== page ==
Descartes also saw the mind as distinct from the brain (Dennett). This school of thought is known as Cartesian Dualism (Dennett), and it makes from a Christian perspective, since it is similar to concept of a soul separate from the body.

After Descartes, other philosophers came up with Cartesian Materialism, which holds that a specific part (or parts) of the brain hold(s) information about each and every conscious experience one is having at a given moment (Dennett). For instance, there could be a “seeing place” in the brain, where everything a person is seeing is stored, and similar places for hearing and smelling.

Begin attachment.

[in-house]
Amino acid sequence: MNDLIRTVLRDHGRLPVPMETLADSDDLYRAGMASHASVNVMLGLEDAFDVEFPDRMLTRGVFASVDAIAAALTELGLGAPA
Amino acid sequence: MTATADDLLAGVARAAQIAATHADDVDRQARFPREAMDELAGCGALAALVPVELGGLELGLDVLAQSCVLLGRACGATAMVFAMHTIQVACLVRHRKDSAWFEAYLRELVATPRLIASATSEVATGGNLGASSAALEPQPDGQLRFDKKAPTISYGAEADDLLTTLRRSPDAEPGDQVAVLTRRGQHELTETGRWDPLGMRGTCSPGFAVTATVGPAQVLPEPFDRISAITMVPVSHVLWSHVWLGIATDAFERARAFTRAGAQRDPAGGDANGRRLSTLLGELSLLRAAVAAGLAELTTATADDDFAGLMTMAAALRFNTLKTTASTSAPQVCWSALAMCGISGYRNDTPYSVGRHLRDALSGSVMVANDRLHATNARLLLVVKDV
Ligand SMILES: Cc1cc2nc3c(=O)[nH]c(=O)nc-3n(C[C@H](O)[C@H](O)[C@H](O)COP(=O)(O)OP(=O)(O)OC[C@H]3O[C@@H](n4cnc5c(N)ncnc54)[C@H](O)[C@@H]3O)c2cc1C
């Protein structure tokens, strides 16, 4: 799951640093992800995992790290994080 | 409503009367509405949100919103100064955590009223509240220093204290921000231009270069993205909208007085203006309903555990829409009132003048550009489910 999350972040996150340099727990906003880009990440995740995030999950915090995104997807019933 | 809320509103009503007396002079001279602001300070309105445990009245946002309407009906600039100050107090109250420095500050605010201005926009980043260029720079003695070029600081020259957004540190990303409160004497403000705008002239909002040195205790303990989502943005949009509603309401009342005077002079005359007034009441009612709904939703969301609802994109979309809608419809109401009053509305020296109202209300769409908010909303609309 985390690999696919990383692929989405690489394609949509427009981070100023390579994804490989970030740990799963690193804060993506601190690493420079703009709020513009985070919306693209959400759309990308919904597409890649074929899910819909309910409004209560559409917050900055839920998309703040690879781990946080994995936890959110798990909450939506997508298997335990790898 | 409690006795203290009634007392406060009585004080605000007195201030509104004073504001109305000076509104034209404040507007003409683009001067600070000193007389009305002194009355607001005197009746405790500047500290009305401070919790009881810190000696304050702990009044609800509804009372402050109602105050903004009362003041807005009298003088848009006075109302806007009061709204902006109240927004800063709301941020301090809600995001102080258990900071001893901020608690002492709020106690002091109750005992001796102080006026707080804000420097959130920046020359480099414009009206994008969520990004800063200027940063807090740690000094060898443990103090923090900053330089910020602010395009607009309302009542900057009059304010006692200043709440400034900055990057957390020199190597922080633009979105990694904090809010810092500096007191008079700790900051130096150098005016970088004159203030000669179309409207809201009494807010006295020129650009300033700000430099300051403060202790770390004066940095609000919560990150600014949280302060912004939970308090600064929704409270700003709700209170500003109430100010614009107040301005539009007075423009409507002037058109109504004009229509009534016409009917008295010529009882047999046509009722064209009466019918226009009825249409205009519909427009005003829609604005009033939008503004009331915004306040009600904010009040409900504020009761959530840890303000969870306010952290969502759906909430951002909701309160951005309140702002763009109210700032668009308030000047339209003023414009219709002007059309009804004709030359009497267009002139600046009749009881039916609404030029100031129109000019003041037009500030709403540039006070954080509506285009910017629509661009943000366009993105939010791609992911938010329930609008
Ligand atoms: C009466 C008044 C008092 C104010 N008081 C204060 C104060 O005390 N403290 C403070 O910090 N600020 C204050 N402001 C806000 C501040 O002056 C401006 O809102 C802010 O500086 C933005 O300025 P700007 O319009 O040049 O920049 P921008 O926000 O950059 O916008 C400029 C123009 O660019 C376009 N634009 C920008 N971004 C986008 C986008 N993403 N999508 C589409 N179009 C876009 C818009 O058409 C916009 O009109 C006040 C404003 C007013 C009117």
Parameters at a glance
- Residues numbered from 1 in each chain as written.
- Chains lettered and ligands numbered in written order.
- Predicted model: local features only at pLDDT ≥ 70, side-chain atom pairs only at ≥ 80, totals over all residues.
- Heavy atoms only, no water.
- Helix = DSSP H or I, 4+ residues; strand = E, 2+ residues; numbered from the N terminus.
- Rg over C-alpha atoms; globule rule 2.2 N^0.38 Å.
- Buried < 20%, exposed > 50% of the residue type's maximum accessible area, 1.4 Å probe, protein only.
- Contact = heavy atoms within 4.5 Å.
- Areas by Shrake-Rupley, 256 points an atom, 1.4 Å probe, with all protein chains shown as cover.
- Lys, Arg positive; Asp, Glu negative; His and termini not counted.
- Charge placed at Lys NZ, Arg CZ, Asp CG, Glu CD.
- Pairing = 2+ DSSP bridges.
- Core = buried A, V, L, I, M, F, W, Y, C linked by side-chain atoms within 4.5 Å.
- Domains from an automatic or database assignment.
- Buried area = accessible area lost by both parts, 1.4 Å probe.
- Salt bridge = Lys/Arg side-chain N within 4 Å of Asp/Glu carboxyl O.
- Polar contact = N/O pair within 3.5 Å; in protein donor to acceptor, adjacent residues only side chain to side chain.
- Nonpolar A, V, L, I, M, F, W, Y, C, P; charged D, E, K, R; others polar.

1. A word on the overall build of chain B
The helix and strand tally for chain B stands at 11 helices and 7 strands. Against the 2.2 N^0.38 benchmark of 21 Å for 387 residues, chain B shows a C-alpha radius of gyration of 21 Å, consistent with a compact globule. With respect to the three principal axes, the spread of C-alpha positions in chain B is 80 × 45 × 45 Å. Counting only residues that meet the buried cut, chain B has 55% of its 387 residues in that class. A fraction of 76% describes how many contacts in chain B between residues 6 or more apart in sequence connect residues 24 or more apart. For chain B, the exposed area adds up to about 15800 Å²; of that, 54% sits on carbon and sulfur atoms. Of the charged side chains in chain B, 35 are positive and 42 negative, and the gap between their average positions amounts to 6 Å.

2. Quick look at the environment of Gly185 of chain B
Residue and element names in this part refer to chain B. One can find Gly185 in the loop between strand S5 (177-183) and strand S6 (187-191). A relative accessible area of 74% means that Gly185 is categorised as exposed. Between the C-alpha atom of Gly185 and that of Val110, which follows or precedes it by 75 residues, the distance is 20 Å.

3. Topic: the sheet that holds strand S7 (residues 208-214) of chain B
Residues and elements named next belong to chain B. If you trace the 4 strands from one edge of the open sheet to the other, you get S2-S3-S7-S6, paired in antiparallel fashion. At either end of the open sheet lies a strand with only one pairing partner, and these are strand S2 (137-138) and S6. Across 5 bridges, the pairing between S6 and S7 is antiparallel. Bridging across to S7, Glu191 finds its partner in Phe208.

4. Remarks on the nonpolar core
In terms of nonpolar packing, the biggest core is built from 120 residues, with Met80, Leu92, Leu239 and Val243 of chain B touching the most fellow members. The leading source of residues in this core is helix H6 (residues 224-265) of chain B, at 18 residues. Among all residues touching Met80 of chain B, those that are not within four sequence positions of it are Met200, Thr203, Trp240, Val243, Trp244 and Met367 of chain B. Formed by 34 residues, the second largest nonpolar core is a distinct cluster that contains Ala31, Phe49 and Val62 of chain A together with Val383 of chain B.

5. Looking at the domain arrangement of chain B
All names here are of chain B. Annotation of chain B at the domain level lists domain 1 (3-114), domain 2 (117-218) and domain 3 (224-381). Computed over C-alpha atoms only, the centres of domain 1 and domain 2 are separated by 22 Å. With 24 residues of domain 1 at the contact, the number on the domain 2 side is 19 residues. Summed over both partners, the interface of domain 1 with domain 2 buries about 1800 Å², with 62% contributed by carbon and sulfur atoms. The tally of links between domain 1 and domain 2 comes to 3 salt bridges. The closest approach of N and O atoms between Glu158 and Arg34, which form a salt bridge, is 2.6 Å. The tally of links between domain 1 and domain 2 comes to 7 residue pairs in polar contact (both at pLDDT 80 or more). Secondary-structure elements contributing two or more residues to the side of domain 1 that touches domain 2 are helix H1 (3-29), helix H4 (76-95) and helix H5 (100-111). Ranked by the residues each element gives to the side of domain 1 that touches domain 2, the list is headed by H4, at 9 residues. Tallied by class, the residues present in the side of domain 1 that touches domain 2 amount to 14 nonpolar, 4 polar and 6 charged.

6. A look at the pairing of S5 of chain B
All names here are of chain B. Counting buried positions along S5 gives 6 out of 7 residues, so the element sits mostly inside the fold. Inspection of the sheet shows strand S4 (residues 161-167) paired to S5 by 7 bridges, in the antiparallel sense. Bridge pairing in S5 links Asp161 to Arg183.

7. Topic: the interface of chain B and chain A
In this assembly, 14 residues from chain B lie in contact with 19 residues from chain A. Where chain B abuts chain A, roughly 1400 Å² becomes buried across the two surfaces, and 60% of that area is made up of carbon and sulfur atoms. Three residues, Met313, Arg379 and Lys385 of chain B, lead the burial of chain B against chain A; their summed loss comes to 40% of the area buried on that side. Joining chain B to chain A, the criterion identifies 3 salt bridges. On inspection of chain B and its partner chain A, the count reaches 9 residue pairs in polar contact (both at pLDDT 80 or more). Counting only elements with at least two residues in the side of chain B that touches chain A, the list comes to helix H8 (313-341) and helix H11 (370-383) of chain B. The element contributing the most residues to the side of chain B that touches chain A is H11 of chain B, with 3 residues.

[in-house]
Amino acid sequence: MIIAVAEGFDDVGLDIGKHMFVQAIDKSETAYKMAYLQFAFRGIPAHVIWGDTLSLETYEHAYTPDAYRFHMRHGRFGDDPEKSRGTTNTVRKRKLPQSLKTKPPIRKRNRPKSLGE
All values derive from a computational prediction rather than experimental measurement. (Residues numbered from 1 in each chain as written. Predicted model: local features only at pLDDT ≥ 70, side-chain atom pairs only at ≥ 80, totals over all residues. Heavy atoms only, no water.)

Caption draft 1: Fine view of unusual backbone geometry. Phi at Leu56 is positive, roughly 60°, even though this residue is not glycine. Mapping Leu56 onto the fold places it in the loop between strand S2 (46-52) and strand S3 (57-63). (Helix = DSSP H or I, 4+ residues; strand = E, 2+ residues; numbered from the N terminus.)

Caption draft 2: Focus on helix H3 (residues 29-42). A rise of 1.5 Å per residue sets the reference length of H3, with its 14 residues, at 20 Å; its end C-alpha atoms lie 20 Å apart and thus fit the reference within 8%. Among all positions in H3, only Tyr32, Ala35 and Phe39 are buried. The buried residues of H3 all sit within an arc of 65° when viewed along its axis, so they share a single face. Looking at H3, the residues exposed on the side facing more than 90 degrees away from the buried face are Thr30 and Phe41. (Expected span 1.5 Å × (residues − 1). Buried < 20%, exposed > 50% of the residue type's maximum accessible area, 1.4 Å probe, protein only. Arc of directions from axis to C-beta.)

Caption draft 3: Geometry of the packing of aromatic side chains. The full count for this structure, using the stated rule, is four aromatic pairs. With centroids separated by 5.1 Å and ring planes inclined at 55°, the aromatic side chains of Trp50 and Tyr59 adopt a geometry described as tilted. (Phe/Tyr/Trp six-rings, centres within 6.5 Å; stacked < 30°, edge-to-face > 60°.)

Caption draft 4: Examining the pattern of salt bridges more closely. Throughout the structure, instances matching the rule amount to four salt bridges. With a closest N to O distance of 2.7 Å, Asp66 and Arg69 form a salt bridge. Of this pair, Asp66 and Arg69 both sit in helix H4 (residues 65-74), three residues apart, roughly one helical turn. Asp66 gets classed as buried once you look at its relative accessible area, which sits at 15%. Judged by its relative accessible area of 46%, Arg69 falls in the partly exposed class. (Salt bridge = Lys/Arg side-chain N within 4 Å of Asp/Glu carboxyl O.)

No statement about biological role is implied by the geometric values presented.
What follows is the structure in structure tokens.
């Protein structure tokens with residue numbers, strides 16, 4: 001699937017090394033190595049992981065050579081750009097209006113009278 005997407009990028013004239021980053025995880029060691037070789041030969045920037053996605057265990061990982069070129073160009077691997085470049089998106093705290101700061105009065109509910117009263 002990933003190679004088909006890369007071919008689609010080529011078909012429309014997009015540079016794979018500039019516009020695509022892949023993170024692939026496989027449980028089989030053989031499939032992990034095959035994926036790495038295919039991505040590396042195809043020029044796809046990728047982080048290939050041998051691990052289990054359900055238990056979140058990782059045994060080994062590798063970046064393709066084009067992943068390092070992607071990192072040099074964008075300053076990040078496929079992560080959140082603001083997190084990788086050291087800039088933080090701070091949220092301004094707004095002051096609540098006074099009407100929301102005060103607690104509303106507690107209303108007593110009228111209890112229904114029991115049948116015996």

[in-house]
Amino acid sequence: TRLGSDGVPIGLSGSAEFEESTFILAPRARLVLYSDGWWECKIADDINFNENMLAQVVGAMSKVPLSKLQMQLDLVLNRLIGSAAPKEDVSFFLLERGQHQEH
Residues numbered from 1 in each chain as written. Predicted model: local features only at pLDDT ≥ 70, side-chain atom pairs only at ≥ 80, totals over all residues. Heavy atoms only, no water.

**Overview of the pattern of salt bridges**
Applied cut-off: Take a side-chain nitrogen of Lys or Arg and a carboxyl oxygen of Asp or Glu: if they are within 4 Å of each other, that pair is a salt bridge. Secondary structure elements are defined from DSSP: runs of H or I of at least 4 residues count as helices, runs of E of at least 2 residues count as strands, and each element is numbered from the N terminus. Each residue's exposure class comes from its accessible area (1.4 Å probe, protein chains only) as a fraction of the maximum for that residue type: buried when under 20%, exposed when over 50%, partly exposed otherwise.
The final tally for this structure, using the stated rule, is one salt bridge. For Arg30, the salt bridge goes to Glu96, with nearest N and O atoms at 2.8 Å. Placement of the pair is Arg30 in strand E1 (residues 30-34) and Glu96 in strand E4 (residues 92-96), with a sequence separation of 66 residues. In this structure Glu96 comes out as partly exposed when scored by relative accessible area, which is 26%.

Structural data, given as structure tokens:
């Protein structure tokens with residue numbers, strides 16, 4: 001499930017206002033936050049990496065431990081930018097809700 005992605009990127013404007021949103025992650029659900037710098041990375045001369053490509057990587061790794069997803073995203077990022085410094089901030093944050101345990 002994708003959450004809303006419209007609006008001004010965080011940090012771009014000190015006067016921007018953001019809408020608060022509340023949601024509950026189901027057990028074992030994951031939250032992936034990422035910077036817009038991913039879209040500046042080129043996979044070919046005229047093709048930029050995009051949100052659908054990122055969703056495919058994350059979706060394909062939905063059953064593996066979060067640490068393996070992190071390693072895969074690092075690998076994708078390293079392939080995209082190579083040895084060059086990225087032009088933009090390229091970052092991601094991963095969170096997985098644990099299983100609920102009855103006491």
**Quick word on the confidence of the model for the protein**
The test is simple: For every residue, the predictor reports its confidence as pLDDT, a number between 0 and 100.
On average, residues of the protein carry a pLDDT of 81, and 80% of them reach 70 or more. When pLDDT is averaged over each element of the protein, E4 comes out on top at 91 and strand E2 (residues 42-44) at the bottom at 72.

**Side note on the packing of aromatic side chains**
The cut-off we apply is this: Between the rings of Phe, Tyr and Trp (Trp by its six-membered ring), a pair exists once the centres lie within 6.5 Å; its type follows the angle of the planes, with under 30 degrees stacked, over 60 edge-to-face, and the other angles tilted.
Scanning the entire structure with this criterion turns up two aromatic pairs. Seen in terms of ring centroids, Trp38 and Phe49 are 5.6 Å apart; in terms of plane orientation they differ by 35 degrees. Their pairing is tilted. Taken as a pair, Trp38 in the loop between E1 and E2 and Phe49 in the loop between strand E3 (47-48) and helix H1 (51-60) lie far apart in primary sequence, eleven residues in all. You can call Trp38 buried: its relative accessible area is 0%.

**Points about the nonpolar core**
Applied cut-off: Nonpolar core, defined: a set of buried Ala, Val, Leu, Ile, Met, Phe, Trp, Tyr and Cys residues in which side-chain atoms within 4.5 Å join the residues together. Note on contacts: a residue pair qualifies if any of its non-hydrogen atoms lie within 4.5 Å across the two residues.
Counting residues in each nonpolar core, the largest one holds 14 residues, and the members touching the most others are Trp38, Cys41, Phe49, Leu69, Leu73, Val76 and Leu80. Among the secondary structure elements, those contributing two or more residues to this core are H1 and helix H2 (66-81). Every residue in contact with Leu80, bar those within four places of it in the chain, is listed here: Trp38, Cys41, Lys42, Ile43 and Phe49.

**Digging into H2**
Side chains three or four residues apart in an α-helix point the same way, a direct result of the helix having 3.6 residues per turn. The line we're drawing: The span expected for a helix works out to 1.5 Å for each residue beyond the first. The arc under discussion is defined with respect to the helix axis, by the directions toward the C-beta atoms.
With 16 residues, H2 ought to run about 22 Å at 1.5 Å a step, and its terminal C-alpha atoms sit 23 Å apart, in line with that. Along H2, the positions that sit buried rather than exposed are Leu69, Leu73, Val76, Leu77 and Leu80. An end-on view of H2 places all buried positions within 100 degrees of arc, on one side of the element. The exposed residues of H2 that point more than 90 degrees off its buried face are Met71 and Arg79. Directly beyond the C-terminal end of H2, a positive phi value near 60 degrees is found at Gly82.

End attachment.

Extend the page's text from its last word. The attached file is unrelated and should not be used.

The modern philosopher, Daniel Dennett, argues against Cartesian Dualism (Dennett). If we have a mind and a body, Dennett challenges, where is the magical place that they come together, where the mind and body combine? Dennett jokingly calls this elusive space the “Cartesian Theater” – the blackbox, if you will, of Cartesian Dualism.

Dennett also refutes Cartesian Materialism. Among his arguments, he  points out that neurologists and psychologists cannot pinpoint single spaces where outside information is stored (Dennett). Rather, it seems that each outside stimuli is processed by multiple, disparate spaces in the brain.

So Dennett, in sum, argues for more nuanced and scientifically accurate approaches to consciousness.

For my project, I decided to use the following definition, which I adapted from Webster’s New  World Dictionary: